second pressure means for applying pressure on said second means in a direction of the longitudinal axis of said sleeve independently of the radial pressure on said sleeve;
an end cap extending through and movable with said second means.
Description
BACKGROUND OF THE INVENTION

1. Field of the Invention

The present invention relates to an apparatus for holding a core normally cut from a rock taken from a subsurface terrain. The core holder permits various measurements to be made on the core so that certain of its physical properties can be determined.

2. Background of the Invention

In the oil and gas industry holes are drilled in the earth to sub-surface formations which may be productive of oil, gas or minerals and frequently cores are cut from these formations suspected to contain oil or gas. The core may be of various sizes, e.g. 3/4"2" long. For these cores to be of any value they must be analyzed to determine various physical properties of the rock from which it was cut. Such properties are measured for permability, porosity, fluid flow and fluid and/or gas saturations.

SUMMARY OF THE PRESENT INVENTION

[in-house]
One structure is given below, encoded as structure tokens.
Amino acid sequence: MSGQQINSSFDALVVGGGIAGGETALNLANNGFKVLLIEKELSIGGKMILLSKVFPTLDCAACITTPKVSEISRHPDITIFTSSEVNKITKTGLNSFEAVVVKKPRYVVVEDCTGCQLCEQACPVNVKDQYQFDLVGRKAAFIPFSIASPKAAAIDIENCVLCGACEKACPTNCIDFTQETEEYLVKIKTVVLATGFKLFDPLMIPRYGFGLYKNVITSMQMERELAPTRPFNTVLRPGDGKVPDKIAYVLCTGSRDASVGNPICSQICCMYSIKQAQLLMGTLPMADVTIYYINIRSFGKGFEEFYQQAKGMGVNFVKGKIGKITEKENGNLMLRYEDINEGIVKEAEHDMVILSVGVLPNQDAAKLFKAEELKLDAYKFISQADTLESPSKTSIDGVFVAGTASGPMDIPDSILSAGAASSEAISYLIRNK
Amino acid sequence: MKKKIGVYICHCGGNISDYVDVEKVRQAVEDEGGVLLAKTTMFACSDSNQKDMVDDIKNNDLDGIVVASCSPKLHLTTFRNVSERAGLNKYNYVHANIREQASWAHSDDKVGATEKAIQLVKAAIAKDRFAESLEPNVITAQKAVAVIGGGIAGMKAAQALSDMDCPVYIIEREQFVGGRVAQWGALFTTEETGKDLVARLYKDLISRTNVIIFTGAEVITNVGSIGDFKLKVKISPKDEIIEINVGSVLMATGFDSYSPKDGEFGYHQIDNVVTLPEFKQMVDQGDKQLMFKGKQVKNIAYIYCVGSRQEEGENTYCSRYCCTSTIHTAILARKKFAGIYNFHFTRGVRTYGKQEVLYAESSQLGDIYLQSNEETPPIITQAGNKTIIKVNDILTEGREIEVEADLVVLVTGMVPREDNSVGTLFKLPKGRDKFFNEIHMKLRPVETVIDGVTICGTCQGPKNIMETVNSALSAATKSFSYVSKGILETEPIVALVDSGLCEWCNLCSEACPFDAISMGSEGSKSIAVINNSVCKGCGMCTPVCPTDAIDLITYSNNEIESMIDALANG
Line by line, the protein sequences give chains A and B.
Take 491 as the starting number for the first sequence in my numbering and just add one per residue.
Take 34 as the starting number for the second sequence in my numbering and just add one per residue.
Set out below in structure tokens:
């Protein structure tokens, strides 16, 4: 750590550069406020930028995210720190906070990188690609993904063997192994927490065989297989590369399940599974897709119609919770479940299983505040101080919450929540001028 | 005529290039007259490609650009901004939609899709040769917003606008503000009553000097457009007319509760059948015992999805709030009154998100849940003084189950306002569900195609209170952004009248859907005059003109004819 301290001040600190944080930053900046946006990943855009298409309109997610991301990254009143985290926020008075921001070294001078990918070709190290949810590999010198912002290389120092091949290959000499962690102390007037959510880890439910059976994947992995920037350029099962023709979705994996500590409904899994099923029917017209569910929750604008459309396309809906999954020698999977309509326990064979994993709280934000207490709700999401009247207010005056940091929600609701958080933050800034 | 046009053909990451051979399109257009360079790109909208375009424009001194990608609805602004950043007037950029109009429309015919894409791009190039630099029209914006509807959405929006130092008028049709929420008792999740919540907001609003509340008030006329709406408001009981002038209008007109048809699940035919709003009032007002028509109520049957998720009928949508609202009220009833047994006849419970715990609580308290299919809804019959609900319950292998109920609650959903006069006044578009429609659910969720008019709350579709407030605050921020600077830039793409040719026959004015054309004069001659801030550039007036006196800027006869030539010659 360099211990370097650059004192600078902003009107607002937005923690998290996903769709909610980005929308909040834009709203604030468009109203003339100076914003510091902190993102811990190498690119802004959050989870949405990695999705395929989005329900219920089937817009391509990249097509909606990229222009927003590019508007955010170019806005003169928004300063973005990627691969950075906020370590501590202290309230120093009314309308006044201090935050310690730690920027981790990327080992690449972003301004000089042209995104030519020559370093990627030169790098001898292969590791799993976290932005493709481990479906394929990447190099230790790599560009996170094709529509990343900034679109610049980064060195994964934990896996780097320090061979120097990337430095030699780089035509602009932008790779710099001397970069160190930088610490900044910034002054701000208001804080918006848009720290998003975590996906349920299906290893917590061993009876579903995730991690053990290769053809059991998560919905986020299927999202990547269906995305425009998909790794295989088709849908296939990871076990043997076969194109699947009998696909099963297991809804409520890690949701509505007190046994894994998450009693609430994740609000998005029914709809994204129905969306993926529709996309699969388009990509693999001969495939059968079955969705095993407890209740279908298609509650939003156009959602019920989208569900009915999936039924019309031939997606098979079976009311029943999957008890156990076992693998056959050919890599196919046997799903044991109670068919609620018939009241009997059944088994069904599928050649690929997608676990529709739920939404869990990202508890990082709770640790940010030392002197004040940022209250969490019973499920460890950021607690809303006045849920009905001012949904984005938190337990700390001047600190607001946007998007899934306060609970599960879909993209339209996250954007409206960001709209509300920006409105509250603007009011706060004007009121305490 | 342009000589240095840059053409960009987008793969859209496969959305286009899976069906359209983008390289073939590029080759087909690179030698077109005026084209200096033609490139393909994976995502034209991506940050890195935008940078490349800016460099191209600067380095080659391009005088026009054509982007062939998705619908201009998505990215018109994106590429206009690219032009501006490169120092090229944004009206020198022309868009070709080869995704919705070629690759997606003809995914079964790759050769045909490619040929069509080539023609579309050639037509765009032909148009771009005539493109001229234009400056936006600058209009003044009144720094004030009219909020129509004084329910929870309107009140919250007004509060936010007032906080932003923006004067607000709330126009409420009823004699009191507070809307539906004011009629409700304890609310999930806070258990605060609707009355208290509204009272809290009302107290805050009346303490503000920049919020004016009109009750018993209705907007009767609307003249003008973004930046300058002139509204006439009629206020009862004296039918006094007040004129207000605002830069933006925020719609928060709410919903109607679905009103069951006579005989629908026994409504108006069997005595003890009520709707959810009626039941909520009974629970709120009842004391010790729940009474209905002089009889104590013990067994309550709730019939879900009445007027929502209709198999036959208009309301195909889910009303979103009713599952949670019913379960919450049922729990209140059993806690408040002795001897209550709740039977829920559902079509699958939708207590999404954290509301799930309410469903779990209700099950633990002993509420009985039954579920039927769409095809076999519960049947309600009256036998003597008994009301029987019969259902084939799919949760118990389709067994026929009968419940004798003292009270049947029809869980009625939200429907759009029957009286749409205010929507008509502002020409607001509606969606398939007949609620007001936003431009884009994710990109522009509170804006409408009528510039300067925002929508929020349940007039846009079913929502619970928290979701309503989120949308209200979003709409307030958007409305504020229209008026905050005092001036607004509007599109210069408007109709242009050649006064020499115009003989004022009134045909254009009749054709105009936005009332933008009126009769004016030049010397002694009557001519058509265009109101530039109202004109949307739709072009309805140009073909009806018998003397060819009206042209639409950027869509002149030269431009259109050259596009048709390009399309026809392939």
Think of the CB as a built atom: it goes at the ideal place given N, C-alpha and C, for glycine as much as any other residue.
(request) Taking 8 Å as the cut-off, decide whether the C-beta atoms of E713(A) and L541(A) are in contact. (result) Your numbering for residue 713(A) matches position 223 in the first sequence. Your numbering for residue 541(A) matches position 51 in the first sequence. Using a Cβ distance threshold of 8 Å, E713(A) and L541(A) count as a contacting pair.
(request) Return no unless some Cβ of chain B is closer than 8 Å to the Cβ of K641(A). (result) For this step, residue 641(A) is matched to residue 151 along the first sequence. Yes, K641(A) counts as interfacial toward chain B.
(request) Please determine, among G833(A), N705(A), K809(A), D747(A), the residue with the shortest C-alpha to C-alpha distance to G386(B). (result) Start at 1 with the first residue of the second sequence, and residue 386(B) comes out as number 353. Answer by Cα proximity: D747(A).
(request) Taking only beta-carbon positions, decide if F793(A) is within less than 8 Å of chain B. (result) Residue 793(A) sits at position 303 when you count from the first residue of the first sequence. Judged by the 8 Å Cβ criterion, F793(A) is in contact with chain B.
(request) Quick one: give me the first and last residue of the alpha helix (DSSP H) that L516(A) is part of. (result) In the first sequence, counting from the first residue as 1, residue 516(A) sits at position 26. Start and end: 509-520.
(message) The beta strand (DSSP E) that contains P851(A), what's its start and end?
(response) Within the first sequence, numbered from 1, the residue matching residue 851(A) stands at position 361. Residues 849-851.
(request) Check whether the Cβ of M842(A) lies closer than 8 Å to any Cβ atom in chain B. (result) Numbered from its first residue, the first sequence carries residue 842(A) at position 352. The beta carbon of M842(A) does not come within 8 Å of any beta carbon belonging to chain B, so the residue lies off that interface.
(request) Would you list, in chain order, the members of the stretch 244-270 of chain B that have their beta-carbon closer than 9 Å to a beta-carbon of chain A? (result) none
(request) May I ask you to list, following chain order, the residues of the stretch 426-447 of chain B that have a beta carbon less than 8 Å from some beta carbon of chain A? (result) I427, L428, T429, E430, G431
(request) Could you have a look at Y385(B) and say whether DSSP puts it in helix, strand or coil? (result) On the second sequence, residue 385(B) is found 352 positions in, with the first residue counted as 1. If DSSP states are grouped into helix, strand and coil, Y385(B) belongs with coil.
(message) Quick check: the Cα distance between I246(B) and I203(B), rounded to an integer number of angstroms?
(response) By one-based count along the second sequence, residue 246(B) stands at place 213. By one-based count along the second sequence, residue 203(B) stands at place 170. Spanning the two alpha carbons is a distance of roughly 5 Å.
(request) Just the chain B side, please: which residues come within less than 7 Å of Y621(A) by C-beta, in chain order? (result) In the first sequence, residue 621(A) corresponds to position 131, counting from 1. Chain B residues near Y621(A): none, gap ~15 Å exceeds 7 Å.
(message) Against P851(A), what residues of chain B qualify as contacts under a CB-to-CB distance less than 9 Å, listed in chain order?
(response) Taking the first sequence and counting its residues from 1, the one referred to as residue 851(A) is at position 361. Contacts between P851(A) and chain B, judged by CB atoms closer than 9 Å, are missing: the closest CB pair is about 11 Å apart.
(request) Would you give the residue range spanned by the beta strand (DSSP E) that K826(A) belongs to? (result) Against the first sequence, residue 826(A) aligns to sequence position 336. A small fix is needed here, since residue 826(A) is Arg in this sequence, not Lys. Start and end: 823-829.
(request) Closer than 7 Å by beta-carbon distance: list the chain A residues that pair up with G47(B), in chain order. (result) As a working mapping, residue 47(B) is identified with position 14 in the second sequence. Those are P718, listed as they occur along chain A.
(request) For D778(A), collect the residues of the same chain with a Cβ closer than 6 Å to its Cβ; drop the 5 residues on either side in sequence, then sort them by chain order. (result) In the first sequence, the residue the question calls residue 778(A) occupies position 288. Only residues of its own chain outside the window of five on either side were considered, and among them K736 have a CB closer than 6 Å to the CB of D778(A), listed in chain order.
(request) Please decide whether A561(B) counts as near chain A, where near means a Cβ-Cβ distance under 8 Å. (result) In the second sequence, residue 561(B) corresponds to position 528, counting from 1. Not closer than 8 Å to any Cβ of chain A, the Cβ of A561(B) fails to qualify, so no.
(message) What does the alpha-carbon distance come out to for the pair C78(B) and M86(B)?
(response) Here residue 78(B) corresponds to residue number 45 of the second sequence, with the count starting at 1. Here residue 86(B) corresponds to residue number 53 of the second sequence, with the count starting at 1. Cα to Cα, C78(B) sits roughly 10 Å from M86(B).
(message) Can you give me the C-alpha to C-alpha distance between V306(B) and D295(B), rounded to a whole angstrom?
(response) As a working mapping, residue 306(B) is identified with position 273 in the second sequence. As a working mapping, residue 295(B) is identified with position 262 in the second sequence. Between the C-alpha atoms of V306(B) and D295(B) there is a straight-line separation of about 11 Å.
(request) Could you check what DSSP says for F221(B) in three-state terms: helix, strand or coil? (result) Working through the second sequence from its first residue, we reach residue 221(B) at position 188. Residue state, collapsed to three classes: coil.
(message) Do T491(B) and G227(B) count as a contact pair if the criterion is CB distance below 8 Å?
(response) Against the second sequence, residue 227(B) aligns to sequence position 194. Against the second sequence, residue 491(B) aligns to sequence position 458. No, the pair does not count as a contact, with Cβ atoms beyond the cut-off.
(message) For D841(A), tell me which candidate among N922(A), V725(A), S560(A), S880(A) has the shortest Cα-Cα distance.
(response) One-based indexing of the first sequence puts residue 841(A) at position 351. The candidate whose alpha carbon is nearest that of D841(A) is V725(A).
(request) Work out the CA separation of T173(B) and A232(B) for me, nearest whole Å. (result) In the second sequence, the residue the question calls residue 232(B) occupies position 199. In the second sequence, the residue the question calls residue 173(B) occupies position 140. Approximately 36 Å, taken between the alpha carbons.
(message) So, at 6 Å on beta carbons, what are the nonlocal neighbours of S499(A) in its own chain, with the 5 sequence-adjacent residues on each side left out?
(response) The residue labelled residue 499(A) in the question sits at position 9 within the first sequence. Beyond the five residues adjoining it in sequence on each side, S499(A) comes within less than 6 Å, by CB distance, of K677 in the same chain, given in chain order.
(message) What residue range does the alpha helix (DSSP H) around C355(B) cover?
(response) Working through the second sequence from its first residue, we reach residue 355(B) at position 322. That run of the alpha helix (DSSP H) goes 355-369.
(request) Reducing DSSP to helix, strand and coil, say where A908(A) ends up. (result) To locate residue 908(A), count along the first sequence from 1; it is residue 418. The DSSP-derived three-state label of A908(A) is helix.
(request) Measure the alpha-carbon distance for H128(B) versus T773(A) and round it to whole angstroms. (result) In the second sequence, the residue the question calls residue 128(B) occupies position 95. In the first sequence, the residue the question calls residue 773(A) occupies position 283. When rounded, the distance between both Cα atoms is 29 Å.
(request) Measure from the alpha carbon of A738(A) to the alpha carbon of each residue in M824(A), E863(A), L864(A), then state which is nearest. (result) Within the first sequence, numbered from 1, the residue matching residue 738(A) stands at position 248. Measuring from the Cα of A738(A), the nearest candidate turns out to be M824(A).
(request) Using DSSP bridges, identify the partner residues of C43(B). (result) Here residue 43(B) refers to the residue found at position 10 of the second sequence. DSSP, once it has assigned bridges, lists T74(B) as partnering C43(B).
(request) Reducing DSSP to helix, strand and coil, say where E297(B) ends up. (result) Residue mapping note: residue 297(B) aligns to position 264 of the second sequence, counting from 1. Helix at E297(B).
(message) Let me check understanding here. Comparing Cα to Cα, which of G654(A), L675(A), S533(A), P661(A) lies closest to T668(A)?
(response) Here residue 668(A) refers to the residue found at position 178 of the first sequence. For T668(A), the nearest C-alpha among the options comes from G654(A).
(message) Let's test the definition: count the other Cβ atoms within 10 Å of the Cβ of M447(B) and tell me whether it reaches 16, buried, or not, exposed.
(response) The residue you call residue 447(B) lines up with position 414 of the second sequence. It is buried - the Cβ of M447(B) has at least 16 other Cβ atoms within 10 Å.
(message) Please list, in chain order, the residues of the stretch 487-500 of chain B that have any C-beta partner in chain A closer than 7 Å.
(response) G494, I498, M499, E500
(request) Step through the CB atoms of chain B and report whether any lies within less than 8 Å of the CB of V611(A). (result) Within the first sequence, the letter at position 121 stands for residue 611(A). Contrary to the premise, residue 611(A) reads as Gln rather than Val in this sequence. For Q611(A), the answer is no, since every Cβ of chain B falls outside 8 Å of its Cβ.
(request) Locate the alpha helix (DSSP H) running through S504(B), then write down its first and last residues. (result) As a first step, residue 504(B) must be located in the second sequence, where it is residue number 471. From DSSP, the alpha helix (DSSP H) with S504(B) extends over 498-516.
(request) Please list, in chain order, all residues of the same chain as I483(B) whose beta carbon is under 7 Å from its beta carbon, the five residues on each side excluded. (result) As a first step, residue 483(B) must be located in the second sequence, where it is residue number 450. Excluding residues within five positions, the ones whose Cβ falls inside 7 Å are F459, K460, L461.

The present invention relates to a tri-axial core holder which includes a hollow housing preferably made of steel, having a resilient sleeve therein. The core to be analyzed is inserted into the resilient sleeve. In the preferred embodyment a fixed plug means close off one end of the sleeve and a second plug means moveable within the hollow housing closes the other end. Means are provided to convey fluids through a passage in the moveable means to one end of the core so that fluid may pass through the core and out passage means in the fixed plug means closing the other end of the sleeve. Port means are provided in the walls of the housing and resilient sleeve so that fluid pressure from a first pressure source can be applied against the outer wall of the sleeve forcing the sleeve firmly against the core. This also is a means of providing radial pressure or force on the core being examined.